The State of Healthcare Safety and How Mass Notifications Can Help


Healthcare Safety Stats

A report by Campus Safety Magazine highlighting data from a survey conducted by the International Association for Healthcare Security and Safety (IAHSS) reveals that while property crime in healthcare facilities was down in 2018, violent crime rates went up. In 2016, the violent crime rate was 1.0 compared to 1.4 in 2018. However, that rate is still half of what it was in 2014. The assault rate also increased, going from 9.3 incidents in 2016 to 11.7 in 2018. This, along with the disorderly conduct rate increasing from 34.1 to 45.2, are record highs.

With healthcare facilities needing to prepare for a number of violent threats, they also need the tools that help them respond to these kinds of incidents. A mass notification system tied into existing devices and systems can help alert people that a violent event is taken place, signal for assistance, and lockdown key areas to prevent other patients, visitors, and staff from becoming harmed. In this blog post, we’ll provide actionable use cases that healthcare facilities can implement to help respond to violent crimes.

Panic Button Triggers

Mass notifications help healthcare facilities achieve the speed and reach they need to alert the right people about violent situations. Because these can often be busy, noisy environments, having the right tools that communicate the right message can speed up response times and enhance safety for those that might be in immediate danger. The key is to identify what situations people need to be alerted about and how they can easily request assistance.

Learn about simple active shooter alerts

The first step of that process requires healthcare officials to gather key personnel who can provide knowledgeable input about the types of situations your facility is likely to encounter. If your facility does not have any prior incidents to draw from, consider looking at incidents other groups have experienced. It’s important to get opinions from those that are responsible for different functions. That means including facilities, administrators, security personnel, and other staff members who can provide insight and help prioritize what safety projects to tackle first.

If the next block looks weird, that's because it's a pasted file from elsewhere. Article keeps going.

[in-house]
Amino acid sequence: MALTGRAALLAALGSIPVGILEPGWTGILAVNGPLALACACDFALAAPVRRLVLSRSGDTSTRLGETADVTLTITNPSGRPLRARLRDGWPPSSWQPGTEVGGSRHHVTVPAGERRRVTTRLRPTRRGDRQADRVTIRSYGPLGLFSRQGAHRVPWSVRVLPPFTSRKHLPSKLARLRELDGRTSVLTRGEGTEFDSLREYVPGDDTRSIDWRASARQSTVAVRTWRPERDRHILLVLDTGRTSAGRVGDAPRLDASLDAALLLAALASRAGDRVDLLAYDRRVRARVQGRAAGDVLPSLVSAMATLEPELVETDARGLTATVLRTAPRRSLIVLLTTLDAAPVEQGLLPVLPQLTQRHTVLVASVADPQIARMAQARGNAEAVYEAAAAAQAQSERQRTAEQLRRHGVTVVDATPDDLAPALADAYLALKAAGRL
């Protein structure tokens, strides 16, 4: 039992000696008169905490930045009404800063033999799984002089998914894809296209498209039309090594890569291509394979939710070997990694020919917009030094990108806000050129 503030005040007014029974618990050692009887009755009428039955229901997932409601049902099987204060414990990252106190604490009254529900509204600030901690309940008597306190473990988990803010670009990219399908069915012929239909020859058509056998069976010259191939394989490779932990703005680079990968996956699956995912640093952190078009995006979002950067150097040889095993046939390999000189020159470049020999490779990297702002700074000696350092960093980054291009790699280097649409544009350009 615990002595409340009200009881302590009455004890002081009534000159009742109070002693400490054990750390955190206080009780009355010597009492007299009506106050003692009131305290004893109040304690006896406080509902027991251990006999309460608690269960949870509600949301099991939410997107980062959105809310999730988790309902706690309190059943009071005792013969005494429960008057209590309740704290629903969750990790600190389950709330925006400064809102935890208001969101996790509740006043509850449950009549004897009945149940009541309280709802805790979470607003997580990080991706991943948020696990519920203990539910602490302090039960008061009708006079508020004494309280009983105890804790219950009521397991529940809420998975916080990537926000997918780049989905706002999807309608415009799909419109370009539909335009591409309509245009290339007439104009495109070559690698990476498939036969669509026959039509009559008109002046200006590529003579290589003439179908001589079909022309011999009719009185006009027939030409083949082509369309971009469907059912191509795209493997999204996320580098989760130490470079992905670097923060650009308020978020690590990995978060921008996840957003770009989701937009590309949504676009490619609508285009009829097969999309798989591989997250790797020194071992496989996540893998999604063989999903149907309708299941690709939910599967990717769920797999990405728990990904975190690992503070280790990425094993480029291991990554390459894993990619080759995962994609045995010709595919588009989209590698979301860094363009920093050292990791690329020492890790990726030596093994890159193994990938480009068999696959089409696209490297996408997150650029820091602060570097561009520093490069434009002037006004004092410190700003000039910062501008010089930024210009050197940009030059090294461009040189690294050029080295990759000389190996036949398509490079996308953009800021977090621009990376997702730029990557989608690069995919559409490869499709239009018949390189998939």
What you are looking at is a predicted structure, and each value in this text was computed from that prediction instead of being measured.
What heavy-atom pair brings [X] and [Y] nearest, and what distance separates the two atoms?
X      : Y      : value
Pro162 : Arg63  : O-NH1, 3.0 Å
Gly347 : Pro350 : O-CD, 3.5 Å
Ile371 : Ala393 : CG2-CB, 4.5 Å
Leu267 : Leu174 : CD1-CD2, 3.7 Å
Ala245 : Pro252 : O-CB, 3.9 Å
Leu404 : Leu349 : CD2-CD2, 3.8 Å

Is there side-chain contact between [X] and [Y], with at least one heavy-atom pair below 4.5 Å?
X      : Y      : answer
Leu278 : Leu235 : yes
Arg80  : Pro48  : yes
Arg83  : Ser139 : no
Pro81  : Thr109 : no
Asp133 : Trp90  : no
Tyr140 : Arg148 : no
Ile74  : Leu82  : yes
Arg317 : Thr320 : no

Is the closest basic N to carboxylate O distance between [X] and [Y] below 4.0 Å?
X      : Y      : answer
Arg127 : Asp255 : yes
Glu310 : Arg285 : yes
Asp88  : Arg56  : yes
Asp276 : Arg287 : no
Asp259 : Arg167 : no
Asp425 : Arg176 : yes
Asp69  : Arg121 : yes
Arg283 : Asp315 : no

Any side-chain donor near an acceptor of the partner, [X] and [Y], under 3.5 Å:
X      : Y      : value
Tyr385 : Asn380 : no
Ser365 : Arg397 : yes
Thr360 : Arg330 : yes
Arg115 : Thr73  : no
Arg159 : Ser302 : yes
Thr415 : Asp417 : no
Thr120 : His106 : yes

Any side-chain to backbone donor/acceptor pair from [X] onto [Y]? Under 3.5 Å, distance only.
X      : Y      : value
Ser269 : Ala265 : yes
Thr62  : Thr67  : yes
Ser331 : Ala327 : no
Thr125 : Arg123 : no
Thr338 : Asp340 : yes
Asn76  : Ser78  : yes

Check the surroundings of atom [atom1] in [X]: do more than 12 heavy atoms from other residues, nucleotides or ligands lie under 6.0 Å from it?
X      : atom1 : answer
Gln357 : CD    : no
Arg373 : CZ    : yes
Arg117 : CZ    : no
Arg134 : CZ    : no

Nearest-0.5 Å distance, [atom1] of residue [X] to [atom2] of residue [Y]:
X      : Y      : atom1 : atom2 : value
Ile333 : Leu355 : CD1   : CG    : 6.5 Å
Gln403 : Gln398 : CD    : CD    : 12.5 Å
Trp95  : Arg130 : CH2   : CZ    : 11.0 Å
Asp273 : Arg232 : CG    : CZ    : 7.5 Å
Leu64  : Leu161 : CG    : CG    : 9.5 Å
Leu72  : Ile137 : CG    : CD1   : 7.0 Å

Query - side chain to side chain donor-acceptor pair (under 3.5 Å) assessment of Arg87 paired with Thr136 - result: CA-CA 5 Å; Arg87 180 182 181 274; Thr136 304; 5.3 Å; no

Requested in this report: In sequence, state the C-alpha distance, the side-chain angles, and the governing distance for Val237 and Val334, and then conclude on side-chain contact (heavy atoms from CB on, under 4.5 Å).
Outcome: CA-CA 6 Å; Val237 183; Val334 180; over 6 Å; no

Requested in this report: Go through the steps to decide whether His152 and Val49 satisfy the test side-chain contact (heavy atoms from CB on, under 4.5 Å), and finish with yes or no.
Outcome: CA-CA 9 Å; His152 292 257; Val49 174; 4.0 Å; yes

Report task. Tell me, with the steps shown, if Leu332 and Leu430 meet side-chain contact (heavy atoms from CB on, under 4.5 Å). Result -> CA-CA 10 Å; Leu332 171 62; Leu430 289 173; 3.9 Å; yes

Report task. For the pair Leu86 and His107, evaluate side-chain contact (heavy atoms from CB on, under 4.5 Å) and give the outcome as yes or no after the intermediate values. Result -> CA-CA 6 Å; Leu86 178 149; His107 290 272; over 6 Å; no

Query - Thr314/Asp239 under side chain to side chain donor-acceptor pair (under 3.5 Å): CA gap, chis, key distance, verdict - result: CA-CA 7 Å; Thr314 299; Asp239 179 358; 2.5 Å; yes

Understand how to secure buy-in from multiple departments

Once you understand the situations you need to prepare for, then you can begin to determine the best way to alert people. In hospitals and other healthcare environments, many devices are already in place that can be enhanced when connected to a mass notification system. Overhead paging and IP desk phones are two common pieces of technology that can be used for communication. When connected to a mass notification system phones can be used to trigger messages via a configured virtual panic button or speed dial code. The message can then be broadcast to overhead paging systems to alert others who can provide assistance.

It’s important that different buttons and codes are developed for different events and the corresponding messages reflect the proper situations and steps people should take.

Build a Mass Notification Ecosystem

However, IP phones and overhead paging are just a starting point of what’s possible when it comes to mass notification in a healthcare environment. In addition to customized messages, healthcare facilities can expand the reach of their messages even further with integrations into digital signage, desktop computers, mobile devices and more. The more options you have for alerting people the more likely it is you can reach everyone. It also provides opportunities to control who hears or sees a message that goes out. Zone controllers and designated groups can partition where messages get sent. This can be particularly helpful in sensitive healthcare environments where it may not be prudent to alert an entire building.

With a fully functioning mass notification ecosystem in your healthcare facility, when a violent event takes place, you can easily trigger an alert from an IP phone. An audio message can then be played through overhead paging systems, IP speakers, or other devices capable of broadcasting sound. Text and visuals can appear on IP phones, desktop computers, and digital signage. Strobes can flash, and doors can lock to protect others and contain a threat. With violent incidents on the rise, healthcare environments need to be doing all they can to help keep staff, patients, and visitors safe and informed




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